Disrupting the Baseline

Molly Fitzgibbon

Upon entering high school and signing up for a fall sport it was a requirement for all athletes to take the ImPACT test. It seemed very unimportant to me at the time and something I just wanted to complete so I could get out there on the field. Little did I know in a short few months this test would be a necessary and helpful tool in getting diagnosed with a concussion. One crisp fall day of my freshmen year, I was out practicing on the field with my teammates. A simple drill was being executed, but when running full speed with my head down I collided heads with one of my teammates and immediately fell to the ground. When trying to stand I felt nauseous, disoriented and my head was in much pain. After going in to see the trainer, I went to the South Shore Hospital and a CT scan was done. Everything looked normal on the CT scan but I was diagnosed with a concussion and told I could not finish out the season. After hearing this I was directed back to school to take the ImPACT test again, it was amazing how much the results differed from my baseline results in the late summer. The ImPACT test shows multiple aspects of neurocognitive function, including memory, attention, brain processing speed, reaction time, and post-concussion symptoms. Personally, it took me months to recover from the concussion, I struggled with headaches for quite some time. As I was recovering from the concussion, I took the ImPACT test multiple times to see if my score was returning back to the baseline, and sure enough as time passed it was evident that my brain began to heal and my scores inched closer and closer each time to back the level where it would normally function at. Throughout the rest of the season it was evidently noticeable that people treated my concussion very differently than if I had a sprained ankle. There was such a push to get back out there on the field when if I wasn’t ready I could have done more harm to my brain. Throughout my high school career, I watched people get multiple concussions and return back even when they had not been fully healed. Overall, by doing that these people seemed to struggle more with chronic headaches and long term effects of their repeated concussions. I am very thankful that my concussion was on the less severe end and I waited until my test results again matched those of the baseline so my brain was able to heal properly. References: http://www.nebsportsconcussion.org/impact/sports-related-concussion-testing-and-impact-testing-program.html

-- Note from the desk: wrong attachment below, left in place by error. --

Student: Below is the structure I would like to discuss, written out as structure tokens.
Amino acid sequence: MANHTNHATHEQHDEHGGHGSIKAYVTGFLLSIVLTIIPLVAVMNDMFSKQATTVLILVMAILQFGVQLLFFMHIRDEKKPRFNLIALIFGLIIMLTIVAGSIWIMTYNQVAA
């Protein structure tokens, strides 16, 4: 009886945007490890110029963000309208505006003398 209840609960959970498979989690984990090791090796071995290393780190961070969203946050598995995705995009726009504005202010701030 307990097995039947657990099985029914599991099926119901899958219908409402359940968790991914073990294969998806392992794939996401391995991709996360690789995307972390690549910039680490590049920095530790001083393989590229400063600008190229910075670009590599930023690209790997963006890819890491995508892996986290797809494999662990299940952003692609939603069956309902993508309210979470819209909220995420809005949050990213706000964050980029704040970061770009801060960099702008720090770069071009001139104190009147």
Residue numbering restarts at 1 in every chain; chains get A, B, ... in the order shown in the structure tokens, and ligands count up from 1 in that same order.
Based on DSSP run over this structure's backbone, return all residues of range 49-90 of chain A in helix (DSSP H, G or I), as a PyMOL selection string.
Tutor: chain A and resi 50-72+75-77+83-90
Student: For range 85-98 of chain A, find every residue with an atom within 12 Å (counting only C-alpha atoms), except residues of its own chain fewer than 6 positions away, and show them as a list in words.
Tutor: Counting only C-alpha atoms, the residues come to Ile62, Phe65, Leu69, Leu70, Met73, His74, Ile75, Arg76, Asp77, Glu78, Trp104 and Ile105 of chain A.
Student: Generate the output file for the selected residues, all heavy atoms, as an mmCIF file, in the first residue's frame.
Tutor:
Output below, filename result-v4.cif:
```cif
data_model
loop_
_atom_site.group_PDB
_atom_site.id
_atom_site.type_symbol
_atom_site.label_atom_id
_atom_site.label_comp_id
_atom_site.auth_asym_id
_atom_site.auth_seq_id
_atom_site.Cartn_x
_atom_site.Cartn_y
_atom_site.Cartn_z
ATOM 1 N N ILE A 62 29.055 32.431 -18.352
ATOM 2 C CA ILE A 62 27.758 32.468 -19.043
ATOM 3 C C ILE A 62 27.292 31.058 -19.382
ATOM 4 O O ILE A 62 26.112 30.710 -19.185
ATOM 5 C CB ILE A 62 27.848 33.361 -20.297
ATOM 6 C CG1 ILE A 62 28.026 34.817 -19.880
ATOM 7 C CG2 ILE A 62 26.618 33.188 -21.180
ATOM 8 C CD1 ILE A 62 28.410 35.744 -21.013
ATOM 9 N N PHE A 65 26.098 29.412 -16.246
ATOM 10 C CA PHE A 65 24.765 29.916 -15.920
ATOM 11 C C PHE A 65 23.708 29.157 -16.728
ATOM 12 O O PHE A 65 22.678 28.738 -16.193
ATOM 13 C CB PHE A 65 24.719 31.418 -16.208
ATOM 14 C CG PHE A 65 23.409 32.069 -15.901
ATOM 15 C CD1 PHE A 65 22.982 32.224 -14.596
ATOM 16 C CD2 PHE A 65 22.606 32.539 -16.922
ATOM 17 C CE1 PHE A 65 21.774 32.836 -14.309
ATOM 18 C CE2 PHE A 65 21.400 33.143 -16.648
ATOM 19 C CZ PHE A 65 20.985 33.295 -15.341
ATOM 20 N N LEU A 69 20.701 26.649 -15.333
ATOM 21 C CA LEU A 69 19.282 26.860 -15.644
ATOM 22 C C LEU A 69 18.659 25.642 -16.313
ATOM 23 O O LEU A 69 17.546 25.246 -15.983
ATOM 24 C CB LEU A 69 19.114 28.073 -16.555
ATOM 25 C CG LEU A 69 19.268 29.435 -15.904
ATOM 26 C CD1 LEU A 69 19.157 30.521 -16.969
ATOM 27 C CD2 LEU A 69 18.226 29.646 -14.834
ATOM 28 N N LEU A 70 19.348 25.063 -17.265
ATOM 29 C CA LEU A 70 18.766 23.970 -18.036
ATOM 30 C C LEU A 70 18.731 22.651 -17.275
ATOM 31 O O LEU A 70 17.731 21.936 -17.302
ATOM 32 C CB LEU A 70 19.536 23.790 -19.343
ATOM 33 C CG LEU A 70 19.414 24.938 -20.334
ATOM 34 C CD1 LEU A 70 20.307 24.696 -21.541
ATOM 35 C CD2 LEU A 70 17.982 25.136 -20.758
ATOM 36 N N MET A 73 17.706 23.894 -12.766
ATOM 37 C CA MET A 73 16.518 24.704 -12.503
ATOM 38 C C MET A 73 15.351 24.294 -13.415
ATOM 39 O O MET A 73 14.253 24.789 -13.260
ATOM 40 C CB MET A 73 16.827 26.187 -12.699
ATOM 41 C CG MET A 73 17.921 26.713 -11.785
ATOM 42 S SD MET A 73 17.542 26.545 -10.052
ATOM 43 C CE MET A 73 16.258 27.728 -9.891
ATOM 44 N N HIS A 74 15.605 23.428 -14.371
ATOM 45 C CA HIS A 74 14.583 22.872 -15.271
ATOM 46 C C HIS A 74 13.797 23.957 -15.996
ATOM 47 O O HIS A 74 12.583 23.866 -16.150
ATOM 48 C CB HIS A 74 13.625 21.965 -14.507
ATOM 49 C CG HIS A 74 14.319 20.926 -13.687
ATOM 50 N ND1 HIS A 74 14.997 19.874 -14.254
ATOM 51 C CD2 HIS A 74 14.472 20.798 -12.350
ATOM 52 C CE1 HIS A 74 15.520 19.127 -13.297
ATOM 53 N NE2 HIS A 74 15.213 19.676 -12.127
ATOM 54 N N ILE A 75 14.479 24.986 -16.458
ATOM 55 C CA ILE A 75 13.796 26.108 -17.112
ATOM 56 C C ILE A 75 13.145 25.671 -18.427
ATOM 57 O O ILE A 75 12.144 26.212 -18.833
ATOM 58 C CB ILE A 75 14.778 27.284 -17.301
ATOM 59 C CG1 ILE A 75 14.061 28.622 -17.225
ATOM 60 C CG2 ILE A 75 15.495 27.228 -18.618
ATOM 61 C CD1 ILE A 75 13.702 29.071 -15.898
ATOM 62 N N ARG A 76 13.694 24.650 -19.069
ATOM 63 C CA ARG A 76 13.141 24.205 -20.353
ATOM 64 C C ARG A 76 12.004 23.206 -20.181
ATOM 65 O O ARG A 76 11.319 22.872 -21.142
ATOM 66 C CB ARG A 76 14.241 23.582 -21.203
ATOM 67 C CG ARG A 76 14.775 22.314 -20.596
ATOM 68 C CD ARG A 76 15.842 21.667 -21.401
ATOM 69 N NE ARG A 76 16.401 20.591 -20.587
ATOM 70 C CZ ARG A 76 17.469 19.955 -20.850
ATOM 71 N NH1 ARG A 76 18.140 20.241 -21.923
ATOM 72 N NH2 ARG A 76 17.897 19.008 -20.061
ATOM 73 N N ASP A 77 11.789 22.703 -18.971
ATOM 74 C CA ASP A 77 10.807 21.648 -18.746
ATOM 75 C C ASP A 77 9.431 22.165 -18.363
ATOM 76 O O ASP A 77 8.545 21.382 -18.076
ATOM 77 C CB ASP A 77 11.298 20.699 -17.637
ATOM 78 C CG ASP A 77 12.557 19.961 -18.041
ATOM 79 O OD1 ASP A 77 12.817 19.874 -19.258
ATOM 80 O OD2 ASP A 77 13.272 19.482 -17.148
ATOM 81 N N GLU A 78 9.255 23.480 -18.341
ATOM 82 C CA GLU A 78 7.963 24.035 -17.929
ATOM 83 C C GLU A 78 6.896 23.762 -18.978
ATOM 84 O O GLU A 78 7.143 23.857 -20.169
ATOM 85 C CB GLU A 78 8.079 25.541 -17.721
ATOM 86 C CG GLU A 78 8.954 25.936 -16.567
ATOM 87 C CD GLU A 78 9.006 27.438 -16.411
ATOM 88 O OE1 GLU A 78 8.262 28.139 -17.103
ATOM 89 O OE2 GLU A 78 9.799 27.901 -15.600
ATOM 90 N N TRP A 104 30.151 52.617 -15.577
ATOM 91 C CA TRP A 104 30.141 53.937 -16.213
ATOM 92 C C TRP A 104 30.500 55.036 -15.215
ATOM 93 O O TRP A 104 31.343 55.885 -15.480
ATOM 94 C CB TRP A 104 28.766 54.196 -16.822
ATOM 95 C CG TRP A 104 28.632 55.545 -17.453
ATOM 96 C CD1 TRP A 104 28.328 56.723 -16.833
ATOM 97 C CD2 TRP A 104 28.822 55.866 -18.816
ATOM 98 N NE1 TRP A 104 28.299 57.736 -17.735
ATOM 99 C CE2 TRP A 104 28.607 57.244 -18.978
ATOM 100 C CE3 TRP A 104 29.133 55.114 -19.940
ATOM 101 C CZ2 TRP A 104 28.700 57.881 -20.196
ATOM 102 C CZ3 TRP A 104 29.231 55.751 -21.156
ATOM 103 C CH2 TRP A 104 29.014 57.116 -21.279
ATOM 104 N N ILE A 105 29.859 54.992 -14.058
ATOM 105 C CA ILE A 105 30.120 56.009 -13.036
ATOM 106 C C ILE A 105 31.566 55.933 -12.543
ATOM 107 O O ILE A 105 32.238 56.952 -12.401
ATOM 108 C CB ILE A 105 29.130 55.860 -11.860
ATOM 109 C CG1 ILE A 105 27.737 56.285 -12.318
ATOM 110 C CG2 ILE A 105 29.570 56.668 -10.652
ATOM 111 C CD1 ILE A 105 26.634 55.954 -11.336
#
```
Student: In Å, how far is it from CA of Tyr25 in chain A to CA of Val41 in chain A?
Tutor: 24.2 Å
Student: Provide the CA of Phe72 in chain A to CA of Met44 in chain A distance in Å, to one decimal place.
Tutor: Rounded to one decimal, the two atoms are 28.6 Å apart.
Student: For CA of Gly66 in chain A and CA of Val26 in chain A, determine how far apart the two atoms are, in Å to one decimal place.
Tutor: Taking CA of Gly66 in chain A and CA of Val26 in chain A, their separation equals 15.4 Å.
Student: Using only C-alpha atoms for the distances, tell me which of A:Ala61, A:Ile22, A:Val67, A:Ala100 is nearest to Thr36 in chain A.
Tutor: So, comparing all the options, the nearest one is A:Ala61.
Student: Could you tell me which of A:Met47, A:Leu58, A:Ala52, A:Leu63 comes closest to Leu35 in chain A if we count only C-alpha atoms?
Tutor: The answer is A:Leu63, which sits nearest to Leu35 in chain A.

Are you seeing what I’m seeing?

Emma England

One of the biggest questions in neuroscience stems from the question: what is perception? How do we know what we are seeing in the world is the same as what someone else is seeing? For example, the red we all have learned to describe, could it be maroon to someone else but they just learned to associate the maroon color with the word red? This is a million-dollar question that no one has answered, despite the technology we have. In the article “How Machine Learning is Helping us to Understand the Brain” by Daniel Bear, they bring up an interesting point about the metaphors we use to describe and understand the human brain. The author explains that many times, scientists study the bigger picture of the brain by using a “the systems approach”. For example, they study how large groups of communicating neurons lead to our perception of the world. Technology is expanding to the point that is not what is restricting us from understanding the brain. Alternately, he thinks that we should be taking an approach to the brain like an evolutionary biologist would and study the brain based on how it does something. Conversely, he states that we have been studying the brain as if we are seeking explanations for each aspect of what the brain does.  In my opinion, one of the biggest obstacles that we have yet to figure out is the line between sensing something and perceiving it. For example, in the visual system we know that the light source acts as the stimulus and this stimulus hits the back of the retina which then changes various cells turning this physical stimulus (the light wave) into a neural signal that the brain can then understand. The message will then be sent from the retina to the primary visual cortex via the optic nerve. The brain will then interpret this light and develop a figure based on many of the aspects of the stimulus. This is how we are perceiving the world. However, there is still a lot we do not know. We know the stimulus (the light), the pathway the light follows to transduce the stimulus into a neural signal (the cells in the retina), how the neural signal travels through the brain (the optic nerve), and then which areas of the brain the signal synapses in to increase the neural firing rate (the activity) in that area of the brain (V1; or the primary visual cortex). But we don’t really have any idea HOW these increased firing rates of neurons in a specialized portion of the brain allow us to perceive the world we just know that’s what it DOES. Essentially, this connects to the mind-body problem as well as the bind problem. The mind-body problem is the issue of how physical processes such as nerve impulses and sodium and potassium molecules flowing across membranes (the body part of the problem) become transformed into the richness of perceptual experience (the mind part of the problem)? Additionally, the binding problem focuses on how the different aspects of the world come together to lead to our sensation. I learned about these two different issues in sensations versus perception in the Perception class taught by Professor Grubb at Trinity. All in all, the article states that we need to start looking at how the functions and allows us to carry out every day activities and experience the world through a variety of senses. It is not saying that we need to disregard our previous techniques by identifying what each area does, but that in order to get a greater understanding of the brain as a whole we need to focus on the HOW question. Studying the brain using this approach will hopefully help us understand the brain more completely and allow u to answer the question of whether what we are seeing is the same as how other people see the world. Bear, Daniel. “How Machine Learning Is Helping Us to Understand the Brain.” Salon, Massive, 25 Nov. 2017, www.salon.com/2017/11/25/how-machine-learning-is-helping-us-to-understand-the-brain_partner/.